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eBay is a gigantic online flea market, and just like meatspace flea markets, it has plenty of scams. Many claim that eBay does little to curb many of these, because it profits from them.

  • Shills: One of the easiest ways to drive up the value of an item you are selling is to create a second account and make small bids on your own items. If you accidentally win the item, you can always offer it outside of ebay to the highest bidder, or claim that the high bidder was a no-pay, and relist the item for free.
  • The fake dutch auction: If you have a large number of an item to sell, only post one of them. Then, use a second account to drive up the value of the item, and just before the auction ends, snipe the auction with this account. After the auction has closed, contact each of the bidders outside of Ebay, offering them the item at their highest bid. If you play this right, they will be infuriated about being sniped, and will buy at the highest price. Meanwhile, you pay to list and sell only one of the items. If you still have some items left, claim that your sniper account didn't pay up, and re-list the item for free.
  • Bid Shielding: A buyer's scam. Find a newly-posted item you want with a low current price and no reserve. Place an excessive bid, like ten times the value. Then, with a second account, immediately make another bid just slightly under your excessive bid. This drives the current bid up to your excessive bid, and nobody will bid over you. Then, with 15 seconds left in the auction, withdraw your second bid. Your excessive bid drops back to the initial price, and you win the auction at that opening price. This scam is highly visible, but difficult to prove. On the other hand, despite Ebay's statements to the contrary, you won't recieve any negative feedback.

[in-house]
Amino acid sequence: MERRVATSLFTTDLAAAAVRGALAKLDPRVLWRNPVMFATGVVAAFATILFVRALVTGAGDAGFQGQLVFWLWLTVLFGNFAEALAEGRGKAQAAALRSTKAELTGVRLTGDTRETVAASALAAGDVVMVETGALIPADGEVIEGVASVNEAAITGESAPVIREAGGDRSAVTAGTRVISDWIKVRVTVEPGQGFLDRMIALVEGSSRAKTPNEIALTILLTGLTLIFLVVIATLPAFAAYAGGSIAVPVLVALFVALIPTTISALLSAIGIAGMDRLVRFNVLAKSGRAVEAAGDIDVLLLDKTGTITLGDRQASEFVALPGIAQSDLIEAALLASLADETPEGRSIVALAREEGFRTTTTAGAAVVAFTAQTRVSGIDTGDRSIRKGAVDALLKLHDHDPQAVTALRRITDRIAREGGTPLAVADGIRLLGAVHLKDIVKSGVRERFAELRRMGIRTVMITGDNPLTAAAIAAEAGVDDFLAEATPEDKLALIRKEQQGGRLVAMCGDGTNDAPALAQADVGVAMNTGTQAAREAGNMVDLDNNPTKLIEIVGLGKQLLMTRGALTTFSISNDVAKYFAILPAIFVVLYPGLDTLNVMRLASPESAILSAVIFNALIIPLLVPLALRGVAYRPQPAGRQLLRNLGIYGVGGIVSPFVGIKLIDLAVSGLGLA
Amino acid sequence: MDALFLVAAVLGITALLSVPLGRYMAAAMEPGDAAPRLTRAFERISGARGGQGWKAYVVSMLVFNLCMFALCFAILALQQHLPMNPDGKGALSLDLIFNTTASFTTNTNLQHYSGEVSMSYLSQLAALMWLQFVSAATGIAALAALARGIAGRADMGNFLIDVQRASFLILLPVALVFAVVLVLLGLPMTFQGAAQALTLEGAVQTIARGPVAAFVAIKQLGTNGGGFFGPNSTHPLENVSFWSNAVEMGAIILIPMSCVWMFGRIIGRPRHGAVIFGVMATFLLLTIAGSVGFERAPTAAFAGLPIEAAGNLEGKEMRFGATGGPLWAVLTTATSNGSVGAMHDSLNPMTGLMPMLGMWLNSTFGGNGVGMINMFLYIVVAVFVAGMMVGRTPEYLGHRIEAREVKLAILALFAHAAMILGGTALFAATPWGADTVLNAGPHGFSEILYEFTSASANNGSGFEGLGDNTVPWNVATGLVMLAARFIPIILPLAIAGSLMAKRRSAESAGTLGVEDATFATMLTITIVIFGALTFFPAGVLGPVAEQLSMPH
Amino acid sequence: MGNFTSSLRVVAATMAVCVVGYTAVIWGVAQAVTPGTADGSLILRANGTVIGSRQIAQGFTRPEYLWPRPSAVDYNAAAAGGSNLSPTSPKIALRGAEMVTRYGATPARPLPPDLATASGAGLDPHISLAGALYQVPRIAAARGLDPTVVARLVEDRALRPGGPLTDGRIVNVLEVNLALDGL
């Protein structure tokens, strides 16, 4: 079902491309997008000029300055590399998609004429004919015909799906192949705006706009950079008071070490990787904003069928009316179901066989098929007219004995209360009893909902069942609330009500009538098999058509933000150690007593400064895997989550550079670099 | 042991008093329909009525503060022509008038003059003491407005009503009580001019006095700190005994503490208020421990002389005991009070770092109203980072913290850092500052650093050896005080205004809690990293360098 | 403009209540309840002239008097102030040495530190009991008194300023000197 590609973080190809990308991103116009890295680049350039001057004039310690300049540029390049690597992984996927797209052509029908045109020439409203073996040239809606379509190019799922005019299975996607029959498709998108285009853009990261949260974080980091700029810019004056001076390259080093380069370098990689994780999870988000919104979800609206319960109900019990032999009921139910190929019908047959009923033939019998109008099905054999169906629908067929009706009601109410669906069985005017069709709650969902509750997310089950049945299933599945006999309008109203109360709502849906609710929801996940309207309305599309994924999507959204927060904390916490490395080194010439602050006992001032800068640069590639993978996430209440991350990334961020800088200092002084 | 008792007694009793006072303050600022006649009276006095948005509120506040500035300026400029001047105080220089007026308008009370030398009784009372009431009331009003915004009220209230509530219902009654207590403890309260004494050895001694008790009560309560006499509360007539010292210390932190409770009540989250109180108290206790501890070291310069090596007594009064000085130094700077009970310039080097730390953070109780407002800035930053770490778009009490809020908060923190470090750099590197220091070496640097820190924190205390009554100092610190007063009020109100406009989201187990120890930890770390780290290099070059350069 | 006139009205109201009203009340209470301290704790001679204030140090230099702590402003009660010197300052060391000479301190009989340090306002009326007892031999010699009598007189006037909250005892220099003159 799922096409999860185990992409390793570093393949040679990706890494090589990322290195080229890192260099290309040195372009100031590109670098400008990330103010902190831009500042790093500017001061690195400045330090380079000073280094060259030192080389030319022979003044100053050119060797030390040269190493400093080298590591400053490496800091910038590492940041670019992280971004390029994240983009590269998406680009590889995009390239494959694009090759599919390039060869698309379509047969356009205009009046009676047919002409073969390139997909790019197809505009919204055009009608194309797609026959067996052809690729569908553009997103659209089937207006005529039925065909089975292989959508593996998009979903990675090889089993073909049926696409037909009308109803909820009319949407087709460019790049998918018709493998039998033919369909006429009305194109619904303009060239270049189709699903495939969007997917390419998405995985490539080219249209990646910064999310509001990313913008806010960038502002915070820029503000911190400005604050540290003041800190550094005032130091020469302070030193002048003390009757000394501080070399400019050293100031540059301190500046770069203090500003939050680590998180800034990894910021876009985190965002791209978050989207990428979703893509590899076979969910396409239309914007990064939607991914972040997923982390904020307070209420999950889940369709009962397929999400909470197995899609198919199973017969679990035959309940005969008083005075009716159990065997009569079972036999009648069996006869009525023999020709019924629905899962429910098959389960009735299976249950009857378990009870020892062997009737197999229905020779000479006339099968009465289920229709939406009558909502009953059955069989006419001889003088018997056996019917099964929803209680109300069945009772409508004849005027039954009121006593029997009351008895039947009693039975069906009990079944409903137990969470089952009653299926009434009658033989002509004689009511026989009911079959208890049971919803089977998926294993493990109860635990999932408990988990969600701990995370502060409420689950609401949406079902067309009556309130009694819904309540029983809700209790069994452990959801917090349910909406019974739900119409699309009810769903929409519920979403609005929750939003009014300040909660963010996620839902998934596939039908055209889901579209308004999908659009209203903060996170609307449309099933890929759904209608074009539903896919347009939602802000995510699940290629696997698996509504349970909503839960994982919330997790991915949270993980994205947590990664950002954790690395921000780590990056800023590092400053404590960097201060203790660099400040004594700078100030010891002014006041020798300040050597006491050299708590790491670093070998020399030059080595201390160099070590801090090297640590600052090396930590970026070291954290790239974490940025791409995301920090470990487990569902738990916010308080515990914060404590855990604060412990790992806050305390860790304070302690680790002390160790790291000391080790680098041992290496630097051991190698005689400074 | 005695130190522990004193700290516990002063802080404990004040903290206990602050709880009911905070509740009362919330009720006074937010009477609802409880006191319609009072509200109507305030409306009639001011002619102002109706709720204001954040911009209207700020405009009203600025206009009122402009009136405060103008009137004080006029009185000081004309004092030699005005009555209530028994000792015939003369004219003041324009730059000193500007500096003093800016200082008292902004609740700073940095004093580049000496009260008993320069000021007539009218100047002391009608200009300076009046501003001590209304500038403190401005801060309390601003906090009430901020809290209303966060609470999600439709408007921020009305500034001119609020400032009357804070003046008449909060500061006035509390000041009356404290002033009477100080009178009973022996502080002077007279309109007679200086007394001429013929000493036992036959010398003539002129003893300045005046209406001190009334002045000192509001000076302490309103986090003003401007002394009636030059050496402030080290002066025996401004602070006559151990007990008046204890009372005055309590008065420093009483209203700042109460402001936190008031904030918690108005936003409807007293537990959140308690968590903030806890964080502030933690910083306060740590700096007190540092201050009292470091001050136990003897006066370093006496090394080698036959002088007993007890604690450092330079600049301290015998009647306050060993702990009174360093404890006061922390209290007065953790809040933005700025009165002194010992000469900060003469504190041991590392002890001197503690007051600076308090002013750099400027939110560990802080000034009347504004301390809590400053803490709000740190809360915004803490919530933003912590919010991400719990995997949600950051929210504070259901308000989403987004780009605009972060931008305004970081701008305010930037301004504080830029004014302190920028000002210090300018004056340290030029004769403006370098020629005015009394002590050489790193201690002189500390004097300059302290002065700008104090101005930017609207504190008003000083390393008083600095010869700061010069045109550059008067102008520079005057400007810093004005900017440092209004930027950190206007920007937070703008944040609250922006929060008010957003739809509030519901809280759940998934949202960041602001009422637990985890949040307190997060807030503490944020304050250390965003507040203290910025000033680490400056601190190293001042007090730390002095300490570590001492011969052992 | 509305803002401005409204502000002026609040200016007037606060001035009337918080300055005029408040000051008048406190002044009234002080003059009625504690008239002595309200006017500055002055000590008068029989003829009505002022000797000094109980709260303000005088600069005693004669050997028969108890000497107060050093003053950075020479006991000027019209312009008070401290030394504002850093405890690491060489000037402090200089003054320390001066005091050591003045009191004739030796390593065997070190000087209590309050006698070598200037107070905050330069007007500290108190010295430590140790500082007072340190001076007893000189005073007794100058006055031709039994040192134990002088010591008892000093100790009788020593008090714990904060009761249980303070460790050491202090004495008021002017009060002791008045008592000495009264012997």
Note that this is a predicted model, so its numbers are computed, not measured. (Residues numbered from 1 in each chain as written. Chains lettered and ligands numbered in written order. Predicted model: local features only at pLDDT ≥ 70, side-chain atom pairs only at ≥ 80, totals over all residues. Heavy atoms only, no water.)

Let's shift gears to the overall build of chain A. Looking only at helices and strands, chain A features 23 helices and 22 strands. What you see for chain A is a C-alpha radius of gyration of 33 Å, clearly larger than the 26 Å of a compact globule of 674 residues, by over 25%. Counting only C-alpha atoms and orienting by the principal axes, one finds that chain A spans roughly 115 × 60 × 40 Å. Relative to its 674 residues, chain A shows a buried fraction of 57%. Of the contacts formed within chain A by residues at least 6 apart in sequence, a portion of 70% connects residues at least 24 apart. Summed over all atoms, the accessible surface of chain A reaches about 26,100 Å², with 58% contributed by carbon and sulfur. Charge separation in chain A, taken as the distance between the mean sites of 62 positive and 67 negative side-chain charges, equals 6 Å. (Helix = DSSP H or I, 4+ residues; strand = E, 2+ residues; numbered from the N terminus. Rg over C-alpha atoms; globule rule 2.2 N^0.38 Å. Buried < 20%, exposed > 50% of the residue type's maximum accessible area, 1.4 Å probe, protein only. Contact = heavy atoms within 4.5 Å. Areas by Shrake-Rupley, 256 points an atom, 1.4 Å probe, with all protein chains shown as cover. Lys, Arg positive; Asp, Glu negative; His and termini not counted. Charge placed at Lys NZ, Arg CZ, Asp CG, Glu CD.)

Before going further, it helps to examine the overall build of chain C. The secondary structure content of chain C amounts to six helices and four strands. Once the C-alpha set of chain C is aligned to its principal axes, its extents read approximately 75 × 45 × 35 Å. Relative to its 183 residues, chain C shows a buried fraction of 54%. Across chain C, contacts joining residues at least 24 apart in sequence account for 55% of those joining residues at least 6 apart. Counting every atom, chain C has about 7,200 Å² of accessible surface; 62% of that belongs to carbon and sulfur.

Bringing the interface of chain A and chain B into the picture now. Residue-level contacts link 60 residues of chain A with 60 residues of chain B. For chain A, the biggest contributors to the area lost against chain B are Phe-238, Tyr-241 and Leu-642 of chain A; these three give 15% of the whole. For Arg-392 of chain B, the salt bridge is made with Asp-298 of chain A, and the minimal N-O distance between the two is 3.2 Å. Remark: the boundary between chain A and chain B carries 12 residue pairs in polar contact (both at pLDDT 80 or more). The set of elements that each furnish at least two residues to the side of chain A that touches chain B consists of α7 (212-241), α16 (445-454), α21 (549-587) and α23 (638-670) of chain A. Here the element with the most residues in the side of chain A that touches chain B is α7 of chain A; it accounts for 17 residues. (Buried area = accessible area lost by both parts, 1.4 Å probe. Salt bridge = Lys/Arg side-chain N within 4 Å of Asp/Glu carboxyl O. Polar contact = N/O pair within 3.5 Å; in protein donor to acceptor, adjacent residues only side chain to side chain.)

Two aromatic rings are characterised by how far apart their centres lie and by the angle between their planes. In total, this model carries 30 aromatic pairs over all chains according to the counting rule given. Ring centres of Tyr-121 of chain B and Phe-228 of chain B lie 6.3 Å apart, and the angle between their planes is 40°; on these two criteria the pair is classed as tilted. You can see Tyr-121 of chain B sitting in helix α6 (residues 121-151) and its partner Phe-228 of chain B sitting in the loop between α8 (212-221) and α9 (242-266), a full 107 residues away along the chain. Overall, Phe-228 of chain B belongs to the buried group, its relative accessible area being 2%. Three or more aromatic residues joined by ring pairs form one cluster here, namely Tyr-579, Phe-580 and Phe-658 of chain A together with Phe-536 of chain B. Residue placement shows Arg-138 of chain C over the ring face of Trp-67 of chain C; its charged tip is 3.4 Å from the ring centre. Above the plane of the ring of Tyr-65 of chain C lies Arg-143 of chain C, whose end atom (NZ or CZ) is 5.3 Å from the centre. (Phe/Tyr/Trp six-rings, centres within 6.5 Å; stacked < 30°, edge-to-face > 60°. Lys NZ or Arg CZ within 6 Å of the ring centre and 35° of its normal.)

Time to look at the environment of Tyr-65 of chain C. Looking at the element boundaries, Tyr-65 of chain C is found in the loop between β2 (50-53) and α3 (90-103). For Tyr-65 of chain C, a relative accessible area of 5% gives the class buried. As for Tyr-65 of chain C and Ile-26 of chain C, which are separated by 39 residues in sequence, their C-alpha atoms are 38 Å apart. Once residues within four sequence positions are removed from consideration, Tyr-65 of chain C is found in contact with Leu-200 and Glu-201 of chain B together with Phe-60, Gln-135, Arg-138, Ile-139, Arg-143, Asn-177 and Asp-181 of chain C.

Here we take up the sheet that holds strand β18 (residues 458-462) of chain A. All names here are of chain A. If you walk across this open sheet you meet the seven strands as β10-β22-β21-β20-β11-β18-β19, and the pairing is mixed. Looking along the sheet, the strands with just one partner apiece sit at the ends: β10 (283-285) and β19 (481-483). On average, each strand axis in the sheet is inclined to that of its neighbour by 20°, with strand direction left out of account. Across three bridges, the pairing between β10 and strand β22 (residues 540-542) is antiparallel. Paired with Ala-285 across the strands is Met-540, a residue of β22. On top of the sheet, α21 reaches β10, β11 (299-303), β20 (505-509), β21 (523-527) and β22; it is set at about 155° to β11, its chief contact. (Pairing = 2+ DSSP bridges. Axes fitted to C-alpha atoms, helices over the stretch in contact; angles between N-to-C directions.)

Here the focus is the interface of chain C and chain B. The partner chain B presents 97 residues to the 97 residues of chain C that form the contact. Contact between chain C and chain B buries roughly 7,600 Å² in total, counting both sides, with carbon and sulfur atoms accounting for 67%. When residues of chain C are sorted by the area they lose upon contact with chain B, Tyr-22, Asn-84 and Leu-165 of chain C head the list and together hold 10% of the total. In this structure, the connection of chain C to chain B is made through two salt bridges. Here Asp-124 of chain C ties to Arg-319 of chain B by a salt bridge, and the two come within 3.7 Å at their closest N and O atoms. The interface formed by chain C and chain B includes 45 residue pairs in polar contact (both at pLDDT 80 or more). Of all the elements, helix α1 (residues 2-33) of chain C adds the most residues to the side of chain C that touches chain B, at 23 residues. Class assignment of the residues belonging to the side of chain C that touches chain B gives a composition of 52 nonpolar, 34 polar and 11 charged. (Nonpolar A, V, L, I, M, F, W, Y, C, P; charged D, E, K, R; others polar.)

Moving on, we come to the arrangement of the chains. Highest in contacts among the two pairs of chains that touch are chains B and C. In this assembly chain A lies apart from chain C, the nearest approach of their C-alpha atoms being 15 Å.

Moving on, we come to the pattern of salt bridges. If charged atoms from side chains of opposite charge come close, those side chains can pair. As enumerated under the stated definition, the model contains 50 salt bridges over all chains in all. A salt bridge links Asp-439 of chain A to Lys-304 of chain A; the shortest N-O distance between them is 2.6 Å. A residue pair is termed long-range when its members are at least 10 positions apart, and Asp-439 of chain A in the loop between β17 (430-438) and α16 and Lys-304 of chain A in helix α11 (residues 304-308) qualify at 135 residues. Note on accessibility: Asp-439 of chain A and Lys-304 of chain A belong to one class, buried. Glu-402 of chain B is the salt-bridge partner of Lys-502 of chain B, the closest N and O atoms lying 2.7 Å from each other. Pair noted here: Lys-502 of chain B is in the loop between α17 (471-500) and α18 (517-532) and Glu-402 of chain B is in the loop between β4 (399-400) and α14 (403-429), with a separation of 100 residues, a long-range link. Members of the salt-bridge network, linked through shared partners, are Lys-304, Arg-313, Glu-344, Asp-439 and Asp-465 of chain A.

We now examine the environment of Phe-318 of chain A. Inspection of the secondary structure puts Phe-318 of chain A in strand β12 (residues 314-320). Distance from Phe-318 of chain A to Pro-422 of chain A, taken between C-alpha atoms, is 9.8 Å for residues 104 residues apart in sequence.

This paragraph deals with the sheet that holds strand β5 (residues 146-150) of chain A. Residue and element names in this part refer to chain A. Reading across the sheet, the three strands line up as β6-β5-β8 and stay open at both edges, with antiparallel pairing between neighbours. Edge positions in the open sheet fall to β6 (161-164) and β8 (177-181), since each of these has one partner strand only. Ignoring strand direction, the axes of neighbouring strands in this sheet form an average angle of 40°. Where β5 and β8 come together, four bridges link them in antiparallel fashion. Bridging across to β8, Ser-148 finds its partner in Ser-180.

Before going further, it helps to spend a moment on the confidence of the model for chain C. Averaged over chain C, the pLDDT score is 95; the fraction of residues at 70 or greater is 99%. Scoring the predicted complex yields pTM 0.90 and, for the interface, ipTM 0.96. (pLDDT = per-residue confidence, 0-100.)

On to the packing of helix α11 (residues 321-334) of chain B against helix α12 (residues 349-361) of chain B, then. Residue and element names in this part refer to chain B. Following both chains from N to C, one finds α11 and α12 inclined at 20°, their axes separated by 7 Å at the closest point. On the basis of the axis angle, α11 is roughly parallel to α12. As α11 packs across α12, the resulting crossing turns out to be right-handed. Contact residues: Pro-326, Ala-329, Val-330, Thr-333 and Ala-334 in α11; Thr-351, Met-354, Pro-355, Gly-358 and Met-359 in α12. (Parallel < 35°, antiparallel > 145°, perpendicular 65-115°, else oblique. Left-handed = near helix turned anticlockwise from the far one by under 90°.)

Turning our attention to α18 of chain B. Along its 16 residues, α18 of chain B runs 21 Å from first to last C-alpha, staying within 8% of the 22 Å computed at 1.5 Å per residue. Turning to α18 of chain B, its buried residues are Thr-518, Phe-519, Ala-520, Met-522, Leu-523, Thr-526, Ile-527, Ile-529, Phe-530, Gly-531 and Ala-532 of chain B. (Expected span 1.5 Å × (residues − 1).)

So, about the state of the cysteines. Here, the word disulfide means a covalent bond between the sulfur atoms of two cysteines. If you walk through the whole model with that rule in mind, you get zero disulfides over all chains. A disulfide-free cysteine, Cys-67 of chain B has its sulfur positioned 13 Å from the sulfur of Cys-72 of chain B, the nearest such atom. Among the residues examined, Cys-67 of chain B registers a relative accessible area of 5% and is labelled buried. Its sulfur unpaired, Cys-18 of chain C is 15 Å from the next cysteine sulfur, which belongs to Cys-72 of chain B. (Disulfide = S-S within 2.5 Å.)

• Shipping and handling: Sell something (whether fairly or not) and charge extra for shipping and handling. How do you think so many people are making money on laser pointers?
  • Informational CDs: Buy a cd burner, collect some legal garbage like shareware, the Anarchist's Cookbook, or lists of government auction houses. Offer them on Ebay in huge dutch auctions (you can always burn more CDs) for $1.99 each. There are always suckers that will bid on these, as long as you include enough dancing hampters and midi songs on the bid pages.

Note: I don't condone doing any of these. In fact, I'd prefer that you didn't. I've been hit by the fake dutch auction far too often, and it makes buying things legitimately much more difficult.

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